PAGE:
Suppose there’s a debate about the character of a public figure.  Supporters will usually marshal a long list of positives.  But detractors are more likely to present one horrifying fact.  A fact horrifying enough to get onlookers to shake their heads and say, “Unforgivable.”  If this rhetorical tactic works, the detractors instantly win the debate.  If you’ve done one unforgivable thing, you’re a villain – no matter how else you spent your life.

In the Eighties, the top unforgivable offense was a Nazi past.  I mean that literally.  If someone could prove that you ever belonged to the Nazi Party, your name was forever mud.  When the Cold War was still ongoing, the U.S. put Austrian President Kurt Waldheim on a war criminal watchlist – and almost every country in the world declared him “persona non grata.”  The only acceptable defense was (and remains?) age; former Hitler Youth could still rise to high places – even the papacy!

Other unforgivable offenses during this era included explicit anti-black racism, severe child abuse, and selling secrets to the Soviets.  And perhaps Satanism, too.  When people wanted to discredit Iron Maiden or Ozzy Osbourne, they’d accuse them of devil-worship.  Unforgivable to many parents, though that rarely deterred their kids!

Nowadays, as you may have noticed, the list of unforgivable offenses has grown much longer.  See J.K. Rowling.

What’s the best way to understand this “Unforgivable Heuristic”?  Economic theorists will likely gravitate to a signaling model.  If a single damning fact conclusively confirms your “bad type,” then it makes sense to diligently hunt for such facts – and publicize them when you find them.  This isn’t always crazy.  If you discover that a teacher murdered one child, he shouldn’t work with children – even if his performance was otherwise exemplary.  The same goes for the Auschwitz commandant – if you ran a death camp, it makes little difference what else you did with your life.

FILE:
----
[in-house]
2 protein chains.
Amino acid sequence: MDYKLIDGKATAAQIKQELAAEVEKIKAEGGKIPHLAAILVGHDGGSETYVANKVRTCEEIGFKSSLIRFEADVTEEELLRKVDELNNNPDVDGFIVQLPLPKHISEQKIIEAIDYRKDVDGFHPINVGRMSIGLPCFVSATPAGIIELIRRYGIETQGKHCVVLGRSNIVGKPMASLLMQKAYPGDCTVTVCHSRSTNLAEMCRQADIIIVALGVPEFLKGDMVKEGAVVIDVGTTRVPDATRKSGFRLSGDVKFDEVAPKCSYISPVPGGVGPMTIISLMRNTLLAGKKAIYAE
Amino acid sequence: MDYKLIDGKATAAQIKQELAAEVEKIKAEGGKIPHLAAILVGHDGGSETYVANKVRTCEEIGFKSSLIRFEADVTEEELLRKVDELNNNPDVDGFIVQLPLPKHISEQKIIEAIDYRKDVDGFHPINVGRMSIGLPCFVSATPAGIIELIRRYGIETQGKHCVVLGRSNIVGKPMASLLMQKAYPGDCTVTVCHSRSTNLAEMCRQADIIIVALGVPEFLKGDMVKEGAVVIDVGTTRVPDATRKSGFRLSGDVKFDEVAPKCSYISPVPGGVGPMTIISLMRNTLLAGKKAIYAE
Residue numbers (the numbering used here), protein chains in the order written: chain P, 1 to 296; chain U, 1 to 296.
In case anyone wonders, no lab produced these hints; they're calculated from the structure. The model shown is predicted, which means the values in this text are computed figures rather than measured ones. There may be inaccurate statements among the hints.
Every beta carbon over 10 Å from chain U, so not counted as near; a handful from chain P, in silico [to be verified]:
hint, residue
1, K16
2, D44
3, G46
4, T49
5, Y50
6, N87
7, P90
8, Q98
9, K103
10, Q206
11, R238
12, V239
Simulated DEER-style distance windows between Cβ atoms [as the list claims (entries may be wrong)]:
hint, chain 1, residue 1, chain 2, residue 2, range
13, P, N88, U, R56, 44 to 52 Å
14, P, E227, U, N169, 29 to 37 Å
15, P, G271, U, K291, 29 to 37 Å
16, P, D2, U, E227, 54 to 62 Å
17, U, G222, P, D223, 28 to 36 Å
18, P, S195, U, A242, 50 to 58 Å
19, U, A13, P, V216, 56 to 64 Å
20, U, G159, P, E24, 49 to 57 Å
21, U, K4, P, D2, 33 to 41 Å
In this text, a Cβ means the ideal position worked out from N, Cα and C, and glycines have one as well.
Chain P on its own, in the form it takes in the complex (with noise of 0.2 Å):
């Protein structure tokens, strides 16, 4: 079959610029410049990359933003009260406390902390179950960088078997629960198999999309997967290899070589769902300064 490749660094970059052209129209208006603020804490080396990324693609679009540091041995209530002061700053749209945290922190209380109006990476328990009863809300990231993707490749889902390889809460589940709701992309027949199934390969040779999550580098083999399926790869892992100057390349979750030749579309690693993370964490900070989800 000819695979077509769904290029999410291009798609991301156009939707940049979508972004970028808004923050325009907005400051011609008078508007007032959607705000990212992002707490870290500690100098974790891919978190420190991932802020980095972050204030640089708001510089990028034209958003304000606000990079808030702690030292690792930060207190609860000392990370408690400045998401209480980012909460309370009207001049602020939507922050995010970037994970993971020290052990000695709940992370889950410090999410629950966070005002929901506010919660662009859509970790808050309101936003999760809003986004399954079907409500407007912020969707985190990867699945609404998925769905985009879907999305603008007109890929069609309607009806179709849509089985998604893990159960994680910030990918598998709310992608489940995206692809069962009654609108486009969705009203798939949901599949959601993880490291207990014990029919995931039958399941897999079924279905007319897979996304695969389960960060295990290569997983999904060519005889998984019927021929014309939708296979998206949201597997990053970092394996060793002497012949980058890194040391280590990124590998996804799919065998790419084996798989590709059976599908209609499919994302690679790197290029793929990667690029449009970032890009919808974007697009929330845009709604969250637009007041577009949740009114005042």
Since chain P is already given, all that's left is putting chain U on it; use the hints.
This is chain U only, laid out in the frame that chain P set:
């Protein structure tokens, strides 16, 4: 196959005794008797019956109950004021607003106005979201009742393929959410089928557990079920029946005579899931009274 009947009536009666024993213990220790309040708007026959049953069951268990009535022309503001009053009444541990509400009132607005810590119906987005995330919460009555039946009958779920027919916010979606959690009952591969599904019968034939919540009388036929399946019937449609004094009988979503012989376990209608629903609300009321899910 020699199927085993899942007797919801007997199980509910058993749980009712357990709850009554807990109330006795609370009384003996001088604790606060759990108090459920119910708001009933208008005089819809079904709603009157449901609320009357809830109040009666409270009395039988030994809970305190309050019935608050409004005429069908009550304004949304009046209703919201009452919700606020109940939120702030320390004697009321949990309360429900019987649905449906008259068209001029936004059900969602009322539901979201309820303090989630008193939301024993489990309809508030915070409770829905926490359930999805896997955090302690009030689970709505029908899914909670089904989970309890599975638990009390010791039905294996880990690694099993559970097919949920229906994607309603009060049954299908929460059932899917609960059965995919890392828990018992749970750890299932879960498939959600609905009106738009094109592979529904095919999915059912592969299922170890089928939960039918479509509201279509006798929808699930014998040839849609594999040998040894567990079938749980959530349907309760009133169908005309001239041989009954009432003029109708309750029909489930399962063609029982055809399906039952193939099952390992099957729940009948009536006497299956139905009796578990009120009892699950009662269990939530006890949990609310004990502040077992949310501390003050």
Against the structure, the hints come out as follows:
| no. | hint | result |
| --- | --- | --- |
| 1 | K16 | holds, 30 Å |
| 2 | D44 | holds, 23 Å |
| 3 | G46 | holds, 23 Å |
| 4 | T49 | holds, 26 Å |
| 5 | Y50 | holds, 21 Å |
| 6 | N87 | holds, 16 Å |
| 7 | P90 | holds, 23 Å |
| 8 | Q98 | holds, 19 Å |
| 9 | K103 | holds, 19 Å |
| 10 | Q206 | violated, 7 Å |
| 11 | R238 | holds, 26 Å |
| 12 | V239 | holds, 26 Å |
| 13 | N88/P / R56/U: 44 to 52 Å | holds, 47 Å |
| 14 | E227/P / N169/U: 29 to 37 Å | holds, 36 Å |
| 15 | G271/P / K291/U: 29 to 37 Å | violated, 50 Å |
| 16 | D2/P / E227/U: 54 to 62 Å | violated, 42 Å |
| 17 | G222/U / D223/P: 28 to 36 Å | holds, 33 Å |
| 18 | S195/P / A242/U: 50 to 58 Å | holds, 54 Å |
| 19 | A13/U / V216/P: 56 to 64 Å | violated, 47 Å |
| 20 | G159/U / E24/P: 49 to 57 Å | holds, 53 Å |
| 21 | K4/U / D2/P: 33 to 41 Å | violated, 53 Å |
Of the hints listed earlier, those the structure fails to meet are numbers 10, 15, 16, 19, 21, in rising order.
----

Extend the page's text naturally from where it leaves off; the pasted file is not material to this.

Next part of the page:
The main problem with the signaling analysis, however, is that a large share of “unforgivable” offenses are trivial.  People get ostracized for “unforgivable” tweets every day, and most of those tweets plainly do far less harm than, say, punching a stranger in a bar brawl, or cheating on your wife.  The sheer randomness is also striking.  When the media says, “Famous person X said Y!” they almost never bother to ask, “How many other people also said Y today?”  If saying Y actually revealed definitive information, you would try to find all the Y-sayers and ostracize the whole lot of them, not join the dog pile of the day.

What’s the alternative to the signaling story?  Hysteria and herding.  Most allegedly “unforgivable” offenses are basically uninformative.  But virtually all allegedly “unforgivable” offenses make at least a few people temporarily but intensely angry.  Usually the anger just fizzles out, but if the few temporarily-but-intensely angry people are well-connected – or lucky – other people join the herd until it hits critical mass and explodes.  Most herd members probably barely care about the original offense, but when a cruelty party starts, they rush to join the festivities.

The lesson: If someone appeals to unforgivability to instantly win a debate, they’re not necessarily wrong.  Once in a long while, a single offense really is ultra-informative.  Most of the time, however, the Unforgivable Heuristic is way off-base.  The single damning thing says a lot about the pettiness and conformity of the accusing, but next to nothing about the character of the accused.

The Myth of the Rational Voter: Why Democracies Choose Bad Policies - New Edition, – Illustrated (2008)

The greatest obstacle to sound economic policy is not entrenched special interests or rampant lobbying, but the popular misconceptions, irrational beliefs, and personal biases held by ordinary voters. This is economist Bryan Caplan's sobering assessment in this provocative and eye-opening book. Caplan argues that voters continually elect politicians who either share their biases or else pretend to, resulting in bad policies winning again and again by popular demand.

Purchase on Google Books

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